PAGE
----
I’ve been talking about starting my own writing group for a long time, and it looks like I will finally be taking the plunge.  I enjoyed my writing group in Santa Clarita before I relocated to Los Angeles, and I’ve tried two of them out here.  I have written about the first one already, so I won’t revisit that.  The second one is led by a rather unorthodox fellow.  I want to say more about that, but I feel a certain restraint when I’m talking about someone else on my blog…darn it!  There are about ten other members that seem to show up pretty consistently, but I can’t be totally sure, because I haven’t gone the last couple of times, and the group is new.  A very nice, laid back lady opened up her home to have the group meet there rather than its initial spot, which was the Westchester Panara Bakery, but that was kind of noisy and not really condusive to a discussion on writing (Really good sandwiches though).  One of the group members announced that he writes on an erotica website, plus the group meets on Sundays.  Okay…have you guessed?  I am a God Girl, so I just didn’t think this group was a good fit.

My group is starting with only three of us, but I’m sure it will grow.  All three of us are Christians and grandmas to boot.  I think we all consider ourselves writers who are Christians rather than Christian writers.  I make that distinction, because I don’t want us to feel totally constrained and confined in our writing.  On the other hand, I doubt if any of us will be trying our hand at porn.  My group could start as early as next week, and I’m looking forward to it.  Lately I have been reading almost obsessively.  I have all these books on my Mac Kindle.  I purchase many of them, but I also subscribe to a blog that features many free downloads, which sounds good when you love to read like I do, but then I feel I MUST read all of them.  Quite a few are daily devotionals, and, even though they are short, that can really add up.  If I’m going to call myself a writer (and I am), I have to do at least as much writing as reading.  Today I was on a writer’s blog, and he mentioned four must-read books for writers, and then I felt compelled to order those, so now I will be READING about WRITING.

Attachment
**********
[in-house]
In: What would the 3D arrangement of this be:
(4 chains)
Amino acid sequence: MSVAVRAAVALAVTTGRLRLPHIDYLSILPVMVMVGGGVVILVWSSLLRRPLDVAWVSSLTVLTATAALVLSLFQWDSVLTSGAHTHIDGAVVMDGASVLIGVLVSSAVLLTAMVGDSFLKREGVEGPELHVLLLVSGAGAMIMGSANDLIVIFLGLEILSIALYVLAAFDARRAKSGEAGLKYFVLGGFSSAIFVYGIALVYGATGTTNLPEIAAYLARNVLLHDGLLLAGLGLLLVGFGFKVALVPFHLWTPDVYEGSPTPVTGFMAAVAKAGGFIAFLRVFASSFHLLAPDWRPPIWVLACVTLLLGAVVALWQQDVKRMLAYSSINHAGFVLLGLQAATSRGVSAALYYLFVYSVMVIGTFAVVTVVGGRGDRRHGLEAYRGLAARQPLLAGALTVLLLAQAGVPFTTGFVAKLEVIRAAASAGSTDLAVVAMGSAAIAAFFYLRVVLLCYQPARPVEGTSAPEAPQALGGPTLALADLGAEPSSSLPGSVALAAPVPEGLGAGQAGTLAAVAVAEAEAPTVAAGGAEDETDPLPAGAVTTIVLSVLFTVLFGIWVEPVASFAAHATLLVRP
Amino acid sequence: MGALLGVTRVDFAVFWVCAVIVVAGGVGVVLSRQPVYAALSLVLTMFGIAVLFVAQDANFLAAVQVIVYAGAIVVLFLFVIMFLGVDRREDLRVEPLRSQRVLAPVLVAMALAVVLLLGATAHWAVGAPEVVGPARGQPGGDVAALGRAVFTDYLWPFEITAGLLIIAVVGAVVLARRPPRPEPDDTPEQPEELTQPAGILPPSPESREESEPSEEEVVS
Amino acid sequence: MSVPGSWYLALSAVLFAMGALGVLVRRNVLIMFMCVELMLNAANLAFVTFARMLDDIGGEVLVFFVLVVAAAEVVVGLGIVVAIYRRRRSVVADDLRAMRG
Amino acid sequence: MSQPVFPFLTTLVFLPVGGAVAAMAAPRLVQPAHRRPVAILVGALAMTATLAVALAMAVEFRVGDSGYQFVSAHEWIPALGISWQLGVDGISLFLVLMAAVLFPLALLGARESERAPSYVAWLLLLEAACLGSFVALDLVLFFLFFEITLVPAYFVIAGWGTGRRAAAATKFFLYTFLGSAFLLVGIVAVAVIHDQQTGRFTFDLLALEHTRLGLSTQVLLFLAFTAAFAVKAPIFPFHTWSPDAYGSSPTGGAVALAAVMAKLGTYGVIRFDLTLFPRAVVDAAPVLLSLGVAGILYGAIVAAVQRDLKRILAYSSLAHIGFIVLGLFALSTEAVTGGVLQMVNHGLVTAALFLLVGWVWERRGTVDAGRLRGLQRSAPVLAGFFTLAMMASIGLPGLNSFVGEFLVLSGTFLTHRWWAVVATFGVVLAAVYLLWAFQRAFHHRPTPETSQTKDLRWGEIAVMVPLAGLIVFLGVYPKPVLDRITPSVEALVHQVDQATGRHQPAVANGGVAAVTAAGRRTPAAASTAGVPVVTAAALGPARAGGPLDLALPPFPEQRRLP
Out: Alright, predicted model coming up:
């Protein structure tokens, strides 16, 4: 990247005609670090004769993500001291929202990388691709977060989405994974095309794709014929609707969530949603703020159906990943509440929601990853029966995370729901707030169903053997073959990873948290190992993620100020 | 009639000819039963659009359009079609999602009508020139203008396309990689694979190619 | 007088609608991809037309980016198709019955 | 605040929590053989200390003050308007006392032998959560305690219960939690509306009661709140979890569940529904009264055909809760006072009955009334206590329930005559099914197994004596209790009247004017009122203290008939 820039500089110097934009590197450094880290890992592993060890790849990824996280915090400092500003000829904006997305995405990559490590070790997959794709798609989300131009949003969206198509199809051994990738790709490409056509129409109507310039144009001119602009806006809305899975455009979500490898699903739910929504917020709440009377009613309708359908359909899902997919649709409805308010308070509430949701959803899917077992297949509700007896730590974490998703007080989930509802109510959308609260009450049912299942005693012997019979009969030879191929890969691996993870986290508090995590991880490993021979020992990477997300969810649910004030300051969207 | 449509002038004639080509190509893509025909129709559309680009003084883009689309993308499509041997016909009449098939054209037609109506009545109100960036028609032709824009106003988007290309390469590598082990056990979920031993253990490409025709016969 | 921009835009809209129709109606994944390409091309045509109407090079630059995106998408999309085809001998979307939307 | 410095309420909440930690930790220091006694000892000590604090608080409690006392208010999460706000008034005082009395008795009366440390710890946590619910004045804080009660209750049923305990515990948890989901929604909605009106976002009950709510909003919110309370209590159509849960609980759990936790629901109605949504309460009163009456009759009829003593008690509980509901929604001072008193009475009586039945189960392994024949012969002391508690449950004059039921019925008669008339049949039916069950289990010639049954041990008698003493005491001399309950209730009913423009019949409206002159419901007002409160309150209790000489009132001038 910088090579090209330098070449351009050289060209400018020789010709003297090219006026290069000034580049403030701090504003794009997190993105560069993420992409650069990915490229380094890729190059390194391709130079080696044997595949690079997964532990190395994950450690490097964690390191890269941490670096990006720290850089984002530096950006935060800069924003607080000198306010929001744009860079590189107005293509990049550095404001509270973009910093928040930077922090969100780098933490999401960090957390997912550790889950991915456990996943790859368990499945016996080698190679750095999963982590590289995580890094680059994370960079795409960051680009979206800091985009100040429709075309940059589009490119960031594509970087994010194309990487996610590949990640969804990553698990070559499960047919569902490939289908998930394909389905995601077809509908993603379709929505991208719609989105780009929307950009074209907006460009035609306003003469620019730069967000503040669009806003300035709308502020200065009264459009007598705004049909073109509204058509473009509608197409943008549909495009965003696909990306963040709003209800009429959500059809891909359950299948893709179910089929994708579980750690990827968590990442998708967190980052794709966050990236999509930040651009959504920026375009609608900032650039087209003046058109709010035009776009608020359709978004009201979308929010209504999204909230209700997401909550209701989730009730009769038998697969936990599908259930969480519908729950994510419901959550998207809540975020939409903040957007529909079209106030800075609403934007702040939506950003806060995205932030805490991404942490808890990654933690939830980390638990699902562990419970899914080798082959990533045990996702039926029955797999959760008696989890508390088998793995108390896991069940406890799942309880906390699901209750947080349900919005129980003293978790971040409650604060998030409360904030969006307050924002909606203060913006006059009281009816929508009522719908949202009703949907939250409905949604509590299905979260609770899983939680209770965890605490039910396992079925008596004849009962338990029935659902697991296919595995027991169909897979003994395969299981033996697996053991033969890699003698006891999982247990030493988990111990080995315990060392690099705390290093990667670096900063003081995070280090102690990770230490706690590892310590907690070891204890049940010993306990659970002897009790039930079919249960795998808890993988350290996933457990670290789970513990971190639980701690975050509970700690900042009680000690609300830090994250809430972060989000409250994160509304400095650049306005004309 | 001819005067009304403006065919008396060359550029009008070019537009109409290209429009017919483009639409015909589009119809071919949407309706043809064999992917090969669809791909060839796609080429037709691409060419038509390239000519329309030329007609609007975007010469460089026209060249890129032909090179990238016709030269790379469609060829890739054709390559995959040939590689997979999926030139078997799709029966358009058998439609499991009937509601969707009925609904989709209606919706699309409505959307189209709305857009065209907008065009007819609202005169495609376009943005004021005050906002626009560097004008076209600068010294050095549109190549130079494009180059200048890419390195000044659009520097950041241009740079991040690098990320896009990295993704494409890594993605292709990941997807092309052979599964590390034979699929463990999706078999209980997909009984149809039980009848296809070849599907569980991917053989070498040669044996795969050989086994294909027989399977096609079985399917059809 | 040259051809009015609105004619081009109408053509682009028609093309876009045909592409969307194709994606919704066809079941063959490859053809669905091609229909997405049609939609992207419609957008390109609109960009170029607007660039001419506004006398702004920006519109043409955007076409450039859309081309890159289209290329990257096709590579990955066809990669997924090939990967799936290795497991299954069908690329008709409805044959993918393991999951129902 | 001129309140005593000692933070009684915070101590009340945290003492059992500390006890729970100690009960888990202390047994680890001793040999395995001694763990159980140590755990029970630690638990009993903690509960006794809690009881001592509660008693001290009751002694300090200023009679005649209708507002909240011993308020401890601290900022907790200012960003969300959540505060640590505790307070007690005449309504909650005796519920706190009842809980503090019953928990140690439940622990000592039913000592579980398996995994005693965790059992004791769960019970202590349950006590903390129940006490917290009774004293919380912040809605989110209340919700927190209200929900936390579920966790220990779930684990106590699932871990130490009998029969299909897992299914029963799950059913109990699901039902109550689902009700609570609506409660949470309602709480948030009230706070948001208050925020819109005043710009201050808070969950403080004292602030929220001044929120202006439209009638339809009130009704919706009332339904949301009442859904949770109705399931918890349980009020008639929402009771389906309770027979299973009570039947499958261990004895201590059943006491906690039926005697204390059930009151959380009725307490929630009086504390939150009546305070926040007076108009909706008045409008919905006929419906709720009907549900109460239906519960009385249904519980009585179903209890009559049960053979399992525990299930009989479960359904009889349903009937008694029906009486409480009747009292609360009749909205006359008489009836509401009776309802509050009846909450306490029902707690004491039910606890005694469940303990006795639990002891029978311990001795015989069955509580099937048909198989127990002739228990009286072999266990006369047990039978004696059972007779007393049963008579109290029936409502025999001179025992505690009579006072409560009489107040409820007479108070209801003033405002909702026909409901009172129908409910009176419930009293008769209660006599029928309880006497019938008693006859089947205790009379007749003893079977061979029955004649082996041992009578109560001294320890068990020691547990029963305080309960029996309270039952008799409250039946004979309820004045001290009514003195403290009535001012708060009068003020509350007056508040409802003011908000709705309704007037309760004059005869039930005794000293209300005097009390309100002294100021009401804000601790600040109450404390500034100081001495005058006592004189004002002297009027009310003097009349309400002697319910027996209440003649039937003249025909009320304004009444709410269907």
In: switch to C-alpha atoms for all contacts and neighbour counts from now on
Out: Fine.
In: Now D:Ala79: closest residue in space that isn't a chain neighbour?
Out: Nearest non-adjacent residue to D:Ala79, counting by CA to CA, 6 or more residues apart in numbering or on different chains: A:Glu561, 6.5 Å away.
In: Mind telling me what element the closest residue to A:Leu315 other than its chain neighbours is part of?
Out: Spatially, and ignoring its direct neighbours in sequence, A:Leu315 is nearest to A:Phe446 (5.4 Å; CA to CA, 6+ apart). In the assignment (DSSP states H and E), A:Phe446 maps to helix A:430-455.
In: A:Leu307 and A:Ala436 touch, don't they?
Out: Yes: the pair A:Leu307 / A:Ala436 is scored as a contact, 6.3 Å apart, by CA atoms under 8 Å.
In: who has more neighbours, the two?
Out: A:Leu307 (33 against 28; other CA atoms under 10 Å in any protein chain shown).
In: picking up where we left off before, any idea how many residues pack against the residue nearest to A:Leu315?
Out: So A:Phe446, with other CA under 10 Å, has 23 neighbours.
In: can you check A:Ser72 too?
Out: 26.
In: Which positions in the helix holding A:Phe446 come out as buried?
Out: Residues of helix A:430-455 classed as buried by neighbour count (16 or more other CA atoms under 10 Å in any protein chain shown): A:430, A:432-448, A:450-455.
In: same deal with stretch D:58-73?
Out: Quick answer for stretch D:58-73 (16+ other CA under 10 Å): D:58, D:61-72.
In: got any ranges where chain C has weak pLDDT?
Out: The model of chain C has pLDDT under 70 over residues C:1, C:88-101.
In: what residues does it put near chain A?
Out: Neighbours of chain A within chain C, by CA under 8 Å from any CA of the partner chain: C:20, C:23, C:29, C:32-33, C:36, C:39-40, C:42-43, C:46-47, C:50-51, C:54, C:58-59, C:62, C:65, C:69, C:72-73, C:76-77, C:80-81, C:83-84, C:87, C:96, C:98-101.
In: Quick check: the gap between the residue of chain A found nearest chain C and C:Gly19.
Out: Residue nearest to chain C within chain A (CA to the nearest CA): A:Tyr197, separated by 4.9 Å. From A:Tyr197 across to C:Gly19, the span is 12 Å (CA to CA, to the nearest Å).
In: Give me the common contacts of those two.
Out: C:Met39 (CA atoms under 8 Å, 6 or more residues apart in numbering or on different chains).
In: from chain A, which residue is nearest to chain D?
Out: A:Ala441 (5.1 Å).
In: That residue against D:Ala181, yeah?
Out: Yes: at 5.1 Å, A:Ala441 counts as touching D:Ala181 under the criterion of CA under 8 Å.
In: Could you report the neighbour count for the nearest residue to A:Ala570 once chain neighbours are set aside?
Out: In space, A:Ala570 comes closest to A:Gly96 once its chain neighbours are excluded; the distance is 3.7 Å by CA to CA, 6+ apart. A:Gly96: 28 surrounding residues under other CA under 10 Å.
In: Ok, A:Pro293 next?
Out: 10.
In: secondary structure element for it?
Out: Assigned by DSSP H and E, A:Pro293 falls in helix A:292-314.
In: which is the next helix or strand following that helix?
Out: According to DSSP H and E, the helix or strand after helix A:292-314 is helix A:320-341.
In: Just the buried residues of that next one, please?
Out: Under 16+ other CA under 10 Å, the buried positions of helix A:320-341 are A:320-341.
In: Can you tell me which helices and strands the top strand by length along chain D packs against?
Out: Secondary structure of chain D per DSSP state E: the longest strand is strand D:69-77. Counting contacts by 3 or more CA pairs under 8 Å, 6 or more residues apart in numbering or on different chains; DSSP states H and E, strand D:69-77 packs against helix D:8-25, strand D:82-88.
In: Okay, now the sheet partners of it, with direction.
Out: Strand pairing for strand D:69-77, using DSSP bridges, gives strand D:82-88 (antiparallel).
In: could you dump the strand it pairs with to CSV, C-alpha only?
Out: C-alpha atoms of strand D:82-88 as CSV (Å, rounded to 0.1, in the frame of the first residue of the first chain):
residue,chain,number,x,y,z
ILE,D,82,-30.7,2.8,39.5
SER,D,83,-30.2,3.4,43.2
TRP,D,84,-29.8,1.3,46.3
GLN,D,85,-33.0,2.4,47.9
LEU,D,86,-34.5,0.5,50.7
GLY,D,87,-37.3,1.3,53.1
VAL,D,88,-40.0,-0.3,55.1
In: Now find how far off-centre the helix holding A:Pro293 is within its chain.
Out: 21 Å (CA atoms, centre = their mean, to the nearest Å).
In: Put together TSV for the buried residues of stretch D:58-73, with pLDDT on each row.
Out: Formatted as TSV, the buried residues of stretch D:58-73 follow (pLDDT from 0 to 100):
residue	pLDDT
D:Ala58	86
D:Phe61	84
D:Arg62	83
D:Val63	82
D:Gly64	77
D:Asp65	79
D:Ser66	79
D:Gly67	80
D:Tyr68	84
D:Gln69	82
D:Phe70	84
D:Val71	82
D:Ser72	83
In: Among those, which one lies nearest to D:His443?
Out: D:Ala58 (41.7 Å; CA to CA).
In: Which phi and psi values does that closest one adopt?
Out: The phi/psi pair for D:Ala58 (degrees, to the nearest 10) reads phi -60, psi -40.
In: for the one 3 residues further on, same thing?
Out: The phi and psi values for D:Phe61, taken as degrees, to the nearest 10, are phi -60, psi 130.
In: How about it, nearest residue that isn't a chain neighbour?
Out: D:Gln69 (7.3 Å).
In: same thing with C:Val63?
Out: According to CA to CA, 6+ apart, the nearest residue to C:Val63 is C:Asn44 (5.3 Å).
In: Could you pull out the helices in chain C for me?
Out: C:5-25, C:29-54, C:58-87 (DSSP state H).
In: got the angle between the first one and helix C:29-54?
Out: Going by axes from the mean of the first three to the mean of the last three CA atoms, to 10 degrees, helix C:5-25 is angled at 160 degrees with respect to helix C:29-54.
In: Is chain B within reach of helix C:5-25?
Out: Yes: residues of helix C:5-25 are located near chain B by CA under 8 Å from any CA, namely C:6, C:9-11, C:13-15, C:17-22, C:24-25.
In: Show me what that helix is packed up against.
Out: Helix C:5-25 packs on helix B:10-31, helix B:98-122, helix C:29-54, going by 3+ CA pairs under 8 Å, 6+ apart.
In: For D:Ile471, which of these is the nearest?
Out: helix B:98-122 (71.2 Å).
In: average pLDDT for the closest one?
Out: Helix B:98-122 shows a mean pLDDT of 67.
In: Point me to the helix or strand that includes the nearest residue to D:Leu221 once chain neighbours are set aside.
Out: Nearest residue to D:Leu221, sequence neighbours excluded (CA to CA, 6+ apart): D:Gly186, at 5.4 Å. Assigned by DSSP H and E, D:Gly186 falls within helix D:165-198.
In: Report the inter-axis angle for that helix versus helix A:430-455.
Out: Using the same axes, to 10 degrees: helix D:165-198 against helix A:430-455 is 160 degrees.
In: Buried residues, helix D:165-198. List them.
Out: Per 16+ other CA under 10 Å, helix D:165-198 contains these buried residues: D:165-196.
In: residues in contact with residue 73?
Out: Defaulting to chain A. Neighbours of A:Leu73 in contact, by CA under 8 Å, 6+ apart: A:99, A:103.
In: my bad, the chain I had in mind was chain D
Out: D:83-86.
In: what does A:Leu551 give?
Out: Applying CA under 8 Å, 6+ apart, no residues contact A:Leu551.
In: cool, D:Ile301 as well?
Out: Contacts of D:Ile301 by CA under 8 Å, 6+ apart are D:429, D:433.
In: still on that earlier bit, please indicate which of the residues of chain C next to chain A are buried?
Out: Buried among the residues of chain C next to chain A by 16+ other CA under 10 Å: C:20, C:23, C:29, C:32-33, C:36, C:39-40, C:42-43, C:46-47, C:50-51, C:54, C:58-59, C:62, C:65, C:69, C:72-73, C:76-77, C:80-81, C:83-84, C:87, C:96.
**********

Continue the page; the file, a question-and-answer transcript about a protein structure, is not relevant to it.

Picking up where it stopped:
I really need this writing group to keep me accountable, and I need to make a pinky promise that I won’t buy any more books for a long time. I am cautiously optimistic this will work out.  Living in a home that contains two very young grandchildren, I need the creative outlet.  I also have two more grandchildren that live ten minutes away, and I see a lot of them as well.  Kids can easily suck up 95 percent of your energy, so by commiting to this group, I am also making a commitment to myself to nurture something as precious as a newborn baby.  I’m ready!